MANCHESTER, N.H. – Jon Huntsman has a problem in the Granite State, and its name is Mitt Romney.
Huntsman, the former Utah governor and ambassador to China, has staked his presidential ambitions on a strong showing here in Tuesday’s first-in-the-nation primary. He has held more than 160 events in the state and is capping off his campaign on Monday with a six-stop “diner tour” and an evening town hall in Exeter.
But while Huntsman’s moderate profile would seem to be a perfect fit for New Hampshire, he faces a popular frontrunner with a home turf advantage.
“His roots are here,” Jeff Camara, a 57-year-old high school custodian from Swansea, Mass., said of Mitt Romney.
Camara was one of maybe 100 people who swarmed the former Massachusetts governor early Saturday morning after a town hall in the nearby town of Derry. He was also among the dozen or so supporters who reached through the crowd to thrust a baseball in Romney’s direction, in the hope that the GOP frontrunner might sign it.
Asked to explain Romney’s advantage in New Hampshire, Camara employed a baseball analogy.
“It’s the next state over from Mass, so that helps, being in your own back yard,” he said. “It’s like playing ball: If you’re back at your home park, it’s a better turnout. So he has a better turnout here.”
More than a dozen interviews with attendees at Romney’s Saturday event yielded the same answer: Romney is a favorite son here, a candidate that Granite Staters can call their own.
“Like he said, he’s got a place up here on the lake in New Hampshire,” Ted Cropper, a 65-year-old businessman from Chester, said after Saturday’s town hall. “He’s one of us. He’s a true New Englander in many senses, and a true American.”
Jerry Lombardo, 63, who is retired and from East Derry, said that he had been somewhat undecided before seeing Romney in person, but he left Saturday’s event “pretty solid” for the candidate.
“He has a connection,” Lombardo said. “He does. And in a neighboring state – he did okay. Massachusetts is a very tough state to be anything but a Democrat in. So he had his bumps, but basically I think he did a good job with what he had to work with.”
That means that no matter how hard Huntsman has tried to build a base of support in New Hampshire, he has always been working at a disadvantage.
“I think Mitt Romney being so local just overshadows everything,” said Huntsman supporter Claire Natola, a 43-year-old office manager from Meredith, at a campaign stop for the former Utah governor Saturday afternoon.
If Huntsman had gotten the same amount of media attention in the run-up to New Hampshire as did former senator Rick Santorum (Pa.) in the week before Iowa, Natola argued, Huntsman would likely be surging in the polls.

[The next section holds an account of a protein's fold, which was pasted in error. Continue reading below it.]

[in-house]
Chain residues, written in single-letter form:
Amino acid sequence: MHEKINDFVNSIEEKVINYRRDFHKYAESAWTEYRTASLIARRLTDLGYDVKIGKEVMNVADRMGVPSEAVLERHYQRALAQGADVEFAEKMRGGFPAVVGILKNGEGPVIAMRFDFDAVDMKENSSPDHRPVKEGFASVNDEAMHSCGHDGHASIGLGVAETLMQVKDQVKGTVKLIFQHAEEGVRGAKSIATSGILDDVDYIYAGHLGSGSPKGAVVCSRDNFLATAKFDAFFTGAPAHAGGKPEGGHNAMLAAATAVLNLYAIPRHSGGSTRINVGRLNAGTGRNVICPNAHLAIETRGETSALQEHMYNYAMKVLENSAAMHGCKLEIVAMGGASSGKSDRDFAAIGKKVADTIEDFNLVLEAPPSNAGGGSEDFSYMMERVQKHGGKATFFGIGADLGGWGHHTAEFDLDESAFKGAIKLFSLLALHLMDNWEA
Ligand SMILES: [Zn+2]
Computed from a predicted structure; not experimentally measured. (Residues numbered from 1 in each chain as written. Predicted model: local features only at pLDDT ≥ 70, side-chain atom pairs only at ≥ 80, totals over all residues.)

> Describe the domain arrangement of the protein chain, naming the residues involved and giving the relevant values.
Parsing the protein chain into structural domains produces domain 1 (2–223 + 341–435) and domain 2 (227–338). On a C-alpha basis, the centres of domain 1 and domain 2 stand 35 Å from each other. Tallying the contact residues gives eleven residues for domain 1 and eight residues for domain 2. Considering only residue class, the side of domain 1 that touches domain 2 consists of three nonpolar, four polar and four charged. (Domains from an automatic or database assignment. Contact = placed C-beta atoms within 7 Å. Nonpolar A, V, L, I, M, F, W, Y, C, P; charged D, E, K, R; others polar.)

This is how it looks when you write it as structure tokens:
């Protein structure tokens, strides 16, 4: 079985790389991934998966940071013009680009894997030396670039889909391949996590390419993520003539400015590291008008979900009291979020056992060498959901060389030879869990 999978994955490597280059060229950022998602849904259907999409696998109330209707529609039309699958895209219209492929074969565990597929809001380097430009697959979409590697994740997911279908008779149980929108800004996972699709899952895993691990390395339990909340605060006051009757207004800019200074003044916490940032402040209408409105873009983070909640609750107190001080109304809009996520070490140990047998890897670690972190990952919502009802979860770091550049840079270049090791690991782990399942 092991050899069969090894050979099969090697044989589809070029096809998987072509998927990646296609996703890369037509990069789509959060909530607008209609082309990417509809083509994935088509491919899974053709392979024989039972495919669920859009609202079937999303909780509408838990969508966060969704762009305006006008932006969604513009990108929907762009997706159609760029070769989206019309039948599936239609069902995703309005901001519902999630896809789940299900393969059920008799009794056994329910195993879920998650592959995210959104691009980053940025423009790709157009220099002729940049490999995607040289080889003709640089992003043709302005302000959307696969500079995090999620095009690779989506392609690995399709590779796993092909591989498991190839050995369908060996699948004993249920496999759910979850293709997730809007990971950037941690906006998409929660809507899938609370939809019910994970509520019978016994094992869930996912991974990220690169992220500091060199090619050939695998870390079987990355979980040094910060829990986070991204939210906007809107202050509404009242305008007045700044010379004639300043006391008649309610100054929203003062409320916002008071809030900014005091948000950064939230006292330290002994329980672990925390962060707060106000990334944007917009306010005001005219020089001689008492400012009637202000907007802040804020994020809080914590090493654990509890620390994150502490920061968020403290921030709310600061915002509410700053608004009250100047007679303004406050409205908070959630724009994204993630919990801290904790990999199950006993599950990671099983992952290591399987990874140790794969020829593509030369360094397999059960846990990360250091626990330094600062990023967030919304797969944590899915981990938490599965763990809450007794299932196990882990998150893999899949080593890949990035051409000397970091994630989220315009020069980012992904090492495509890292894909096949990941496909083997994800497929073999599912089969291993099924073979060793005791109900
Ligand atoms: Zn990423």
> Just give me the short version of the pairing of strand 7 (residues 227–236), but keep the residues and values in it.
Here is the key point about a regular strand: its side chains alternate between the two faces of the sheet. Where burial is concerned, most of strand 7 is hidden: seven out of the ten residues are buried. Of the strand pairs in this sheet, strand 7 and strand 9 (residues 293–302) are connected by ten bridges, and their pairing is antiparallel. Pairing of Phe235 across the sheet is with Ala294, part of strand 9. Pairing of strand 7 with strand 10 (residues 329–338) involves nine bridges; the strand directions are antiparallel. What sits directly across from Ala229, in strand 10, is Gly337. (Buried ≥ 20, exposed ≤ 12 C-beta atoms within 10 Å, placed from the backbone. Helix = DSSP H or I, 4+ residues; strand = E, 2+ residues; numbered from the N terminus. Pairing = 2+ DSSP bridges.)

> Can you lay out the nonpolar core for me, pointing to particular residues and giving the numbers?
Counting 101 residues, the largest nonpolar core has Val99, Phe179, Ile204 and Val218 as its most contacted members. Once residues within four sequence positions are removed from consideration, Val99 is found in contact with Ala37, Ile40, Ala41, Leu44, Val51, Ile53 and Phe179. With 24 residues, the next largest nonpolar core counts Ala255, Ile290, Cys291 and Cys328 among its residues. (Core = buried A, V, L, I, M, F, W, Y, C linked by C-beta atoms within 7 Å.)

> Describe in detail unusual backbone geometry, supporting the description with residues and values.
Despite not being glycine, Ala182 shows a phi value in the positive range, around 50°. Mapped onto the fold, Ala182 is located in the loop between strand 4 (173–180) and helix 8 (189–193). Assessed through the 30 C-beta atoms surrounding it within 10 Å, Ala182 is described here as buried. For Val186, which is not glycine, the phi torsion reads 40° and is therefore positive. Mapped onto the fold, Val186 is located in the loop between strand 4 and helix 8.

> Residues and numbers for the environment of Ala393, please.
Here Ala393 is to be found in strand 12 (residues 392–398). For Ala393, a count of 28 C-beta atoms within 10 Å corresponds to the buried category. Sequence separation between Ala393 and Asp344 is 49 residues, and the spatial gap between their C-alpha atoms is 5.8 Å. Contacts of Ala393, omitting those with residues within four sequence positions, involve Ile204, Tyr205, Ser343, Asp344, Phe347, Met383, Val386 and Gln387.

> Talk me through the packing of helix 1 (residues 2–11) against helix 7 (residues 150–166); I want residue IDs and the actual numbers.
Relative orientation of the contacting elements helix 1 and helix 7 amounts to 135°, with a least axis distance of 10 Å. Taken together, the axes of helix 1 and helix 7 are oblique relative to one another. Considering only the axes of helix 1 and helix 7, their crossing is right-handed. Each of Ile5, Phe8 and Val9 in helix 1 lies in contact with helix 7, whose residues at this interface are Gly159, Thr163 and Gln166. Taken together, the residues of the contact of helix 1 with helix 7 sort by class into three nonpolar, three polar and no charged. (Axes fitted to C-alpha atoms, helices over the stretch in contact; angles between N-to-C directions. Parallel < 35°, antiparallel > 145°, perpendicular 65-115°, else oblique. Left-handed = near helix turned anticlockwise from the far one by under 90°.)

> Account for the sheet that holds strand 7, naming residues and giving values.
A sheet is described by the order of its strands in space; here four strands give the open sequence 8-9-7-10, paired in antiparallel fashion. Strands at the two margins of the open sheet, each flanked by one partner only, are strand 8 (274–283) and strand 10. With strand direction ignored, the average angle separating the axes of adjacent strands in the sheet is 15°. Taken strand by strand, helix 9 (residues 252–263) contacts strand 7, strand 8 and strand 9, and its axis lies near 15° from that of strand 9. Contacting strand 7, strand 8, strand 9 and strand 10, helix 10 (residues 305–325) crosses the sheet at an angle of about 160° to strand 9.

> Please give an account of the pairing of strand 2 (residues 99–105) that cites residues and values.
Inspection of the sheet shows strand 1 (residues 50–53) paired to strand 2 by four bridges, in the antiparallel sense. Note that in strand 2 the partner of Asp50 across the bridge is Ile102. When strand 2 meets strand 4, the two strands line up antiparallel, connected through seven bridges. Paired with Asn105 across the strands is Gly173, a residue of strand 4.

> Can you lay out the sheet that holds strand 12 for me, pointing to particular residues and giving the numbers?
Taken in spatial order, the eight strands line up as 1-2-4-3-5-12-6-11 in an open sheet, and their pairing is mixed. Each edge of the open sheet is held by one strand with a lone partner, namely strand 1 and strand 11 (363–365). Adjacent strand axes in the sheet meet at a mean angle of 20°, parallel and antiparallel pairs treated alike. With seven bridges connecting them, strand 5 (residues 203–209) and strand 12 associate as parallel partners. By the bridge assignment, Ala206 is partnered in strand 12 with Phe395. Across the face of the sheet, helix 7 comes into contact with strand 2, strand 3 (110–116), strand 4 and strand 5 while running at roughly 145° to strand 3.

“I have to admit, I think a lot of people’s opinions come from the media,” she said.
That, of course, was before Huntsman’s strong performance in back-to-back debates on Saturday night and Sunday morning. He got more airtime than in previous faceoffs, directly challenged Romney’s stance on the issue of China’s currency -- and even channeled another New Hampshire favorite, Sen. John McCain (R-Ariz.).
Polls in recent days suggest that the eleventh-hour attention being lavished on Huntsman may prompt a stronger primary showing than expected, although even the candidate himself has dismissed any possibility of a victory.
What’s next for Huntsman after his Granite State gamble?
Some supporters predict he’ll go on to compete in Florida, the next early state where his moderate profile might appeal to voters. But there Huntsman would face a different problem: There may be no favorite son in the Sunshine State, but Florida is a big place, and without a win in either New Hampshire or Iowa, Huntsman faces tough odds raising enough name ID – not to mention cash.
And placing one’s focus primarily on one state could breed skepticism about a candidate’s ability to run a top-notch national campaign. (For more on that, see Giuliani, Rudy.)
Brad Ek, 71, a Derry native and former headmaster of the Pinkerton Academy, where Romney spoke on Saturday, said that Huntsman “just seemed to put all his effort into New Hampshire, and that was it.”
“Didn’t go to Iowa,” Ek said. “I don’t know if he’s going to South Carolina; I’m sure he is. But he just doesn’t seem to have the credentials.”
“Well, he got a late start,” noted Ken Hepworth, 71, a retired software engineer and also a Pinkerton alum. “Santorum, you never paid any attention to him during all the debates. ... But then all of the sudden his time came. I mean, Huntsman’s time hasn’t come yet. Maybe given enough time...”
“That’s what they’re hoping here in New Hampshire,” Ek said.
“That’s what they’re hoping,” Hepworth responded. “I think Huntsman said as long as he meets expectations, he’ll continue. He doesn’t have to win, he says, along as he exceeds expectations. And he’ll keep doing it. Maybe, eventually, he’ll catch on.”